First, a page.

Blackphone 2, world’s first secure smartphone to send encrypted messages, launches in Hong Kong
Advanced 4G smartphone offers consumers the means “to take back control of their privacy”
Blackphone 2, the new model of the world’s first smartphone specifically designed to deliver privacy and security, is available from today in selected markets around the world, including Hong Kong.
This advanced 4G smartphone marks a big departure within the Android market as it eschews candy colours, emoji keyboards and fancy curved displays to focus on enterprise-class security.
“Most of the Android [ecosystem] focus has been clearly on the consumer,” Bill Conner, the president and chief executive at Blackphone 2 maker Silent Circle, told the South China Morning Post. “What we’re trying to take a leadership role for Android is in the enterprise space.”
Blackphone 2 runs Silent OS - an enhanced version of Google’s Android operating system — to provide full encryption by default. That means even selfies taken and sent by a user through this device are encrypted.
Conner said Blackphone 2 offers both enterprises and consumers the means “to take back control of their privacy” amid the current environment where it is often at risk.
“Today our privacy is increasingly threatened by governments, businesses and individuals”, Conner said. “In addition, the growing number of companies where employees work on their own devices in and out of the office means that it is ever more vital to build smartphones that deliver on privacy.”
Silent Circle, which is based in Switzerland, has not provided information on its local distributor or mobile network partner in Hong Kong.
With a recommended global retail price of US$799, the Blackphone 2 improves upon the critically lauded, first-generation Blackphone released early last year.
The new “Spaces” function provides users with the ability to build separate, secure environments for their critical business data, personal information and even social applications, such as WhatsApp, within Blackphone 2.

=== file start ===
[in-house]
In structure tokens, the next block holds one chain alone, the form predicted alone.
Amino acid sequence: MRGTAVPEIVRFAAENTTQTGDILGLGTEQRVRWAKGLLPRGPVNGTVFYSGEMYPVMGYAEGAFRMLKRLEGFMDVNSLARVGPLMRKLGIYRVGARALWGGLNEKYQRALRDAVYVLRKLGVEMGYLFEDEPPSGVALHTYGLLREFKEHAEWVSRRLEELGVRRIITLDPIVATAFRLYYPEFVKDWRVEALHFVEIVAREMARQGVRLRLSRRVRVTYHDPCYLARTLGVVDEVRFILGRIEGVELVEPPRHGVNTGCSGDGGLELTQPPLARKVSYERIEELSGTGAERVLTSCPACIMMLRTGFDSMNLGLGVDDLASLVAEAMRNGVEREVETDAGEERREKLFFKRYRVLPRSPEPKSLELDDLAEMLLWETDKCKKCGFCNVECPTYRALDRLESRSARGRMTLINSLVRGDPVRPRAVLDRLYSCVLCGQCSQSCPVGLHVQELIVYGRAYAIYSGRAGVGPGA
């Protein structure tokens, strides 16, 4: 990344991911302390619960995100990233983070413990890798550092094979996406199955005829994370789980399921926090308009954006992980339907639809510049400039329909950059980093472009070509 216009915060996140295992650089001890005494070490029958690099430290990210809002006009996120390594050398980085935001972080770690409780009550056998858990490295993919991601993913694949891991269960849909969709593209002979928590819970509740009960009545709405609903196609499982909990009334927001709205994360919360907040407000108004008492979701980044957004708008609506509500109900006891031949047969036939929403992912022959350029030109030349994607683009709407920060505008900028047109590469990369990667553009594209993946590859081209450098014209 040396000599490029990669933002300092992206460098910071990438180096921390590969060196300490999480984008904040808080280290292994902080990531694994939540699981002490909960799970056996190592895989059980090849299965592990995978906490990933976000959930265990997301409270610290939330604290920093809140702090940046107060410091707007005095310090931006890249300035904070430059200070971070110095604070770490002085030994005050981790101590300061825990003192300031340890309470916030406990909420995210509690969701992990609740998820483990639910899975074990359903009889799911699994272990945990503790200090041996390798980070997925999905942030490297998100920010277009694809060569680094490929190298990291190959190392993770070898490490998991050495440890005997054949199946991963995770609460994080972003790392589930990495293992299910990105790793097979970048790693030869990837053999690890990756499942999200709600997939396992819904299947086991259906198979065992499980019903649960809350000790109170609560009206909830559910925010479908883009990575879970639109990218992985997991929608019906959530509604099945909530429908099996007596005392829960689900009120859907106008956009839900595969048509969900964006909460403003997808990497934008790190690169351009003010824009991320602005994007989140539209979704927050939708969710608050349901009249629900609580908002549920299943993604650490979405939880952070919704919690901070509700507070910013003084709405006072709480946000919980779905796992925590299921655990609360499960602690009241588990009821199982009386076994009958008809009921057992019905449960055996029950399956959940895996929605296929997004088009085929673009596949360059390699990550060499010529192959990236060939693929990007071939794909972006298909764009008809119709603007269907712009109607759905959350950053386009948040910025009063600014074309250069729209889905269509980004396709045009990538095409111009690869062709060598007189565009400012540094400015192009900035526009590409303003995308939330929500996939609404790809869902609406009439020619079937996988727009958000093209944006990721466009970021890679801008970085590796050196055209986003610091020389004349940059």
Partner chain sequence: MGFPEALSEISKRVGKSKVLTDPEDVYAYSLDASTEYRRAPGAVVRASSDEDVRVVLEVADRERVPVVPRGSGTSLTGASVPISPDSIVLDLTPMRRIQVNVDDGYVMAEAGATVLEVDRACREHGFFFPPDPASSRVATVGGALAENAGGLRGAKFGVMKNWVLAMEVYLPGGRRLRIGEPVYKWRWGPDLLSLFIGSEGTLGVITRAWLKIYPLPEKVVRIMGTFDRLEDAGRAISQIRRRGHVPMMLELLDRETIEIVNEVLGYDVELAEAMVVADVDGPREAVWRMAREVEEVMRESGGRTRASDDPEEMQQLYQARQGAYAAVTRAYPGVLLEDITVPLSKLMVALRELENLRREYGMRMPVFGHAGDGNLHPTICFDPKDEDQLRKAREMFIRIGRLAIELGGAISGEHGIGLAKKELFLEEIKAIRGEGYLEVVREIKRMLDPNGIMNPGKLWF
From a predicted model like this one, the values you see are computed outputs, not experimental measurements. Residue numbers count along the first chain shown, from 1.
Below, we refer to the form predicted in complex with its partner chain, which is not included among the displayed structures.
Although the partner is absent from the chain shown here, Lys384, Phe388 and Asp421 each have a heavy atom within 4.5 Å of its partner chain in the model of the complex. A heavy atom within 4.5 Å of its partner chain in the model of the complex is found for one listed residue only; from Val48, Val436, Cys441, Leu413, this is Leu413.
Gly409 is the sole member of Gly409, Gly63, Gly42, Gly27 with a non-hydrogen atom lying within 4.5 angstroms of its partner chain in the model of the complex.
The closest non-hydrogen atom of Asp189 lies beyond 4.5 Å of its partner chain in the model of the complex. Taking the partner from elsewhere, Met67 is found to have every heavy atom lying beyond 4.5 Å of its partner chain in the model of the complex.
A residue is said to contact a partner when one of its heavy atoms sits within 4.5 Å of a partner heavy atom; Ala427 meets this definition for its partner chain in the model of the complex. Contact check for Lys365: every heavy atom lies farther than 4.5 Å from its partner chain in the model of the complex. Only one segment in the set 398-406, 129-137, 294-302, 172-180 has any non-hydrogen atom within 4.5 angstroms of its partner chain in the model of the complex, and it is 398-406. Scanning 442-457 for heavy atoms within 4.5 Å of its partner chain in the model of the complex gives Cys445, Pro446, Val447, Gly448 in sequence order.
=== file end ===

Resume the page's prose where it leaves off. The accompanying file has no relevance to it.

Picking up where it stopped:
It comes pre-loaded with Silent Phone - Silent Circle’s private communications mobile app - that offers encrypted voice calls, teleconferencing and video conferencing, as well as secure text and file transfers.
Blackphone 2’s Security Centre setup enables users to easily manage their privacy and security settings in one place. A user can fine-tune the individual app permissions and the data the apps have access to. The “remote wipe” setting allows a user to erase all the content of the smartphone if it is lost or stolen.
By default, Blackphone 2 only allows installation of new apps from Silent Circle’s own app store and Google Play.
The device features the Snapdragon octa-core processor from Qualcomm, 3 gigabytes of random access memory, 32GB of internal storage, a removable Micro SD card slot to boost storage capacity up to 128GB, a 5.5-inch Gorilla Glass touch screen, and a 13-megapixel back camera and 5MP front camera. It supports 11 languages, including simplified and traditional Chinese.
Conner said Blackphone 2 is ready for enterprise deployment, with support for Google’s “Android For Work” program and seamless integration with Google’s suite of online applications.
The first iteration of Blackphone was launched early last year by SGP Technologies amid much fanfare as the first smartphone with tools to counter unauthorised surveillance, commercial exploitation of activity data, and the loss of privacy. It was honoured by Time magazine as one of the “Best 25 Inventions of 2014”.
That model, which cost upwards of US$629, had pre-installed privacy tools, all of which are fully enabled for at least two years of usage.
In an interview in July, Silent Circle chief scientist Javier Aguera said Hong Kong’s role as an international business centre and reputation as one of the more advanced mobile markets worldwide made it a prime target for introducing the new-generation Blackphone.
“Hong Kong has tight links with the financial sector, and we already have many financial institutions working with our solutions,” Aguera said. “It will be a very good hub for us [in Asia-Pacific] because it is a market that is very keen on innovation.”